Tom Gilbertson, Mechanical, Engineering, and Plumbing Consultant on the project, explains: “From a construction point of view and as a requirement of the National Park Service … horizontal piping in the historic spaces was not allowed.” This meant that vertical riser piping would be required, routed through holes drilled through each room from the basement to the attic. Gilbertson continues: ”The SureFlow® System eliminated the need for over 320 cored holes in the existing structure. This was most important because the floor thicknesses, as a result of the original ‘masonry-arch’ construction, were typically five feet thick. Eliminating 320 holes that were 5 feet, or in some cases longer, was very important. The result of the use of SureFlow® was that we provided a virtually invisible installation into the historic fabric of this building.”
Mechanical engineer Fernando Garcia of Wedgco Engineering (Benatec) was responsible for the design, working under direction of Tom Gilbertson. Garcia explains: “An equipment room was set up in a space under the courtyard, using modular chillers, pumps, and other equipment. Piping supply mains were routed through the basement to the risers feeding the SureFlow® units with return mains in the attic. There were only two risers, one for hot and one for cold, but with SureFlow® we were getting 4-pipe performance with this system. Also, the units were installed over the bathroom in each guest room, which caused some concern regarding sound levels. But as we discovered, the units are quiet! Everyone was pleased with the way this turned out.”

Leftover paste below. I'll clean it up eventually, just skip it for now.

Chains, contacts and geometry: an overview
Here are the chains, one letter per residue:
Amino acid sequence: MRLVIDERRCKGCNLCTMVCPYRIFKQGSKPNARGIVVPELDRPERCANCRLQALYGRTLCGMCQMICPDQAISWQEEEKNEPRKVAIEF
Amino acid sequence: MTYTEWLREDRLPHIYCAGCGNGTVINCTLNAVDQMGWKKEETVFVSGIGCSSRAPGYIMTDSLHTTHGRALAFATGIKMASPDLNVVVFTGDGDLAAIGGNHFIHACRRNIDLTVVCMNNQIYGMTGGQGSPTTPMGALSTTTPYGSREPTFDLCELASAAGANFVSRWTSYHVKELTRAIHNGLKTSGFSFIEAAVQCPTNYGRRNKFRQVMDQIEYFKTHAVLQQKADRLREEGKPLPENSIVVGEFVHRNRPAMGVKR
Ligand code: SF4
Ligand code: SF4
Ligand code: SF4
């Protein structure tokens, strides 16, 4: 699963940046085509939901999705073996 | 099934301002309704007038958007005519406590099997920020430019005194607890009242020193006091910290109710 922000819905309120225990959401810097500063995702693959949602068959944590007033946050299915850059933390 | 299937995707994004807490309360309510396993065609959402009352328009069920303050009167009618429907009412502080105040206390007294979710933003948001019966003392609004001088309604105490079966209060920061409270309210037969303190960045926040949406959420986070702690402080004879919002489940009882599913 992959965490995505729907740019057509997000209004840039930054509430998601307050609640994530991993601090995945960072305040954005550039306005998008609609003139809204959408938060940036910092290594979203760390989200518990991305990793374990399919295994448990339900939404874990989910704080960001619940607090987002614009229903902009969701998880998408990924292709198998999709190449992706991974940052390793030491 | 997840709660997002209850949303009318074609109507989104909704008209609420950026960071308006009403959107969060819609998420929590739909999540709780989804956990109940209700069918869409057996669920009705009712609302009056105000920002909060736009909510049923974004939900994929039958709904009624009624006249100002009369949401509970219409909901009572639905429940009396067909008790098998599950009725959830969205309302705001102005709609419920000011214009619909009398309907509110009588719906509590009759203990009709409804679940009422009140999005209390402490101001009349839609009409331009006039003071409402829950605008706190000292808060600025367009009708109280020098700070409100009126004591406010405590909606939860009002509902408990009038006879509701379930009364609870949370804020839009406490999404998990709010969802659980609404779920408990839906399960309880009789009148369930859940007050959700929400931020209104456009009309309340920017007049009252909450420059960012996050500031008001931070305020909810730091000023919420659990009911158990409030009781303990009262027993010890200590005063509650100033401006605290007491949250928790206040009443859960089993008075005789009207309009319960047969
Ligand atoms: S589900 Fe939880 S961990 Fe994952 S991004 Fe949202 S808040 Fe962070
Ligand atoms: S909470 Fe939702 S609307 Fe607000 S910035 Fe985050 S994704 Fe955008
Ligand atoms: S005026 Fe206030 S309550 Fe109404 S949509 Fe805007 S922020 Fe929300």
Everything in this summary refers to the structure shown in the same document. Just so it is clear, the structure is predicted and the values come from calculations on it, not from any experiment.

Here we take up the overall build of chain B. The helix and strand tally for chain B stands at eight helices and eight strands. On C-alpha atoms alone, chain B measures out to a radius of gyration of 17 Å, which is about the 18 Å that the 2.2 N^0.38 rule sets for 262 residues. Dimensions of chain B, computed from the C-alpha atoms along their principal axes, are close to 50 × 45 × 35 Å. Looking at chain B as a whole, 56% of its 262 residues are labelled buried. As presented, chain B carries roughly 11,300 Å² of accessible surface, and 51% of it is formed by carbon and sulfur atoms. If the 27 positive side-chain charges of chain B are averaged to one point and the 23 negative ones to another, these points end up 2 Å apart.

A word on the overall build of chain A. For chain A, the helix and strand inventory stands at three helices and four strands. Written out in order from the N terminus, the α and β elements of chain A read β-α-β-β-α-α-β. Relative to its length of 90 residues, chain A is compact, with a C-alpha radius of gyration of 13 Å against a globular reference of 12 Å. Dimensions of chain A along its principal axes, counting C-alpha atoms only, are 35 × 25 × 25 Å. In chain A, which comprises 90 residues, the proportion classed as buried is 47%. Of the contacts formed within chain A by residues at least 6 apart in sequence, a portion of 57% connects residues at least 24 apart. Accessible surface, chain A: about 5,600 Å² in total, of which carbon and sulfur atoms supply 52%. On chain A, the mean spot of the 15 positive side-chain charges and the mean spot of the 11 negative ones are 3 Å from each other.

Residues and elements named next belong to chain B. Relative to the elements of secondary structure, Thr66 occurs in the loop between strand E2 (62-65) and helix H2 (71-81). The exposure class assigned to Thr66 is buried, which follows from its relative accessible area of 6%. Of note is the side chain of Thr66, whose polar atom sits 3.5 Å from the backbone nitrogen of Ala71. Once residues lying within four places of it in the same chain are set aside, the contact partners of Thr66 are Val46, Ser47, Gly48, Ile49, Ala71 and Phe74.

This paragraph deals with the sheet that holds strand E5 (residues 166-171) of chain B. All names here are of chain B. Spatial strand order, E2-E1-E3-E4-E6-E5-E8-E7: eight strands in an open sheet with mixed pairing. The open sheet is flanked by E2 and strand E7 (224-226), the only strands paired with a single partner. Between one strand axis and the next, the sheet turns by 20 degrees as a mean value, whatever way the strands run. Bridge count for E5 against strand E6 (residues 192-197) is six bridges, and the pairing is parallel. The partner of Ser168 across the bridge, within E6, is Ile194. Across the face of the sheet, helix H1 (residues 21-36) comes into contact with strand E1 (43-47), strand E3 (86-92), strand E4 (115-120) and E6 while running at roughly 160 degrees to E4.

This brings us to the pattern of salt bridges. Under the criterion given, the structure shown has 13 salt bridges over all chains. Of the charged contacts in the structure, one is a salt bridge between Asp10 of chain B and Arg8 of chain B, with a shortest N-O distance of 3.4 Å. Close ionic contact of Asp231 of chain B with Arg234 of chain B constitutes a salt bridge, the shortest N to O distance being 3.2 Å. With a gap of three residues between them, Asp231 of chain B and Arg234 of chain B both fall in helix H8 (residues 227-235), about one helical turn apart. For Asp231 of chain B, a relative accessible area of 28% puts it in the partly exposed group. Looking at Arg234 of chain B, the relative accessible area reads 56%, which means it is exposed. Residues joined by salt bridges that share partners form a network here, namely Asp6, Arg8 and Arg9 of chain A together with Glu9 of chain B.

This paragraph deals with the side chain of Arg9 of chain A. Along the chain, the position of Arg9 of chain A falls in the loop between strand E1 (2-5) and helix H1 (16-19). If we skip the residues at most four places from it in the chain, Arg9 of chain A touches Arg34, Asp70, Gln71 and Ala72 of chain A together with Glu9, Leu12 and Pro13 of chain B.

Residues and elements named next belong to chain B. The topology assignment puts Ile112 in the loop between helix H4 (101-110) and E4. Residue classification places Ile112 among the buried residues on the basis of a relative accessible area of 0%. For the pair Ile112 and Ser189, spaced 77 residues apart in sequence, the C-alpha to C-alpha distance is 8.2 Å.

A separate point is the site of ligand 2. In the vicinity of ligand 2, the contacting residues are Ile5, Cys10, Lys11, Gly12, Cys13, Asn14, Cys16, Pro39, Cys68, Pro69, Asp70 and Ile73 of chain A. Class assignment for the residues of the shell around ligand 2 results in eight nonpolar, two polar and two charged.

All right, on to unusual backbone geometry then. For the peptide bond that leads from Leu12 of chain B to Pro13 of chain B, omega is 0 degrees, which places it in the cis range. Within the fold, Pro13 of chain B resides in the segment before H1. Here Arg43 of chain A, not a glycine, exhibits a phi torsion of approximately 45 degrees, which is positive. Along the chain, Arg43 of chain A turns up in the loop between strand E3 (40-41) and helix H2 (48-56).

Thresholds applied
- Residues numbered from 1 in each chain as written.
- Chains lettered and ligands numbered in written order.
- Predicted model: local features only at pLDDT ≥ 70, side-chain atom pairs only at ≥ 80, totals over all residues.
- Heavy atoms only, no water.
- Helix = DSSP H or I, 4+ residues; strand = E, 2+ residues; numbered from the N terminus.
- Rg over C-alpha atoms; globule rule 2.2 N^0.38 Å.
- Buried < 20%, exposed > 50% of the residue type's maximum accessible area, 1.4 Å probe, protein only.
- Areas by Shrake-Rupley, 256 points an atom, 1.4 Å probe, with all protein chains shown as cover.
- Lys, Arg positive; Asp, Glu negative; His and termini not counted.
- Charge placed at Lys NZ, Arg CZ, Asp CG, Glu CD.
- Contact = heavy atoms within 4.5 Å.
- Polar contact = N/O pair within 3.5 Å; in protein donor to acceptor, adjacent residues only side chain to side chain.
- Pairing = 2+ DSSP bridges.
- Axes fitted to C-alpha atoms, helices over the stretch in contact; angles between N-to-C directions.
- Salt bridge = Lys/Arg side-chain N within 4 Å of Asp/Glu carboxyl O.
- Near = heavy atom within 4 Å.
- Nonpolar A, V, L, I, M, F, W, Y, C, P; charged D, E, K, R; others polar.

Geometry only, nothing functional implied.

Maintaining a luxury environment in this boutique hotel was very important to the hotel management. Gilbertson comments: “The high humidity in Washington D.C. is dealt with most effectively by the SureFlow® System which does a superior job of delivering coil surface temperatures that insure dehumidification.” Typical 4-pipe fan coil systems require additional water valve components and design considerations to balance and maintain design water flow to the coil. These valve components are eliminated with SureFlow®. Gilbertson comments: “The SureFlow® piping arrangement insured a constant water balance and excellent air removal from the piping system … as well as dramatically reducing the quantity of pipe required for the installation.”
On September 15, 2001, Fernando Garcia, member of the National Capital Chapter of ASHRAE, earned the first place award in the ASHRAE Technology Awards program for his work at the Tariff Building/Hotel Monaco Washington D.C.. Garcia comments: “I would definitely recommend SureFlow® to any historic property for purposes of minimizing penetrations through the structure and maintaining great comfort and very quiet spaces. With the SureFlow® system, we achieved what we set out to do; using 21st century technology, we protected the building.”
Awards received by the Hotel Monaco Washington D.C.:
• 2004-2008 AAA, 4 Diamond rating
• 2005 Conde Nast Traveler, Gold List - Top 700 Hotels of the World
• 2003 Conde Nast Traveler, Top 80 New Hotels in the World
• 2003 Food & Beverage Executive (cover), Room Service Trends
• 2003 Conde Nast Traveler, Business Travel Awards - Domestic Value for Cost #1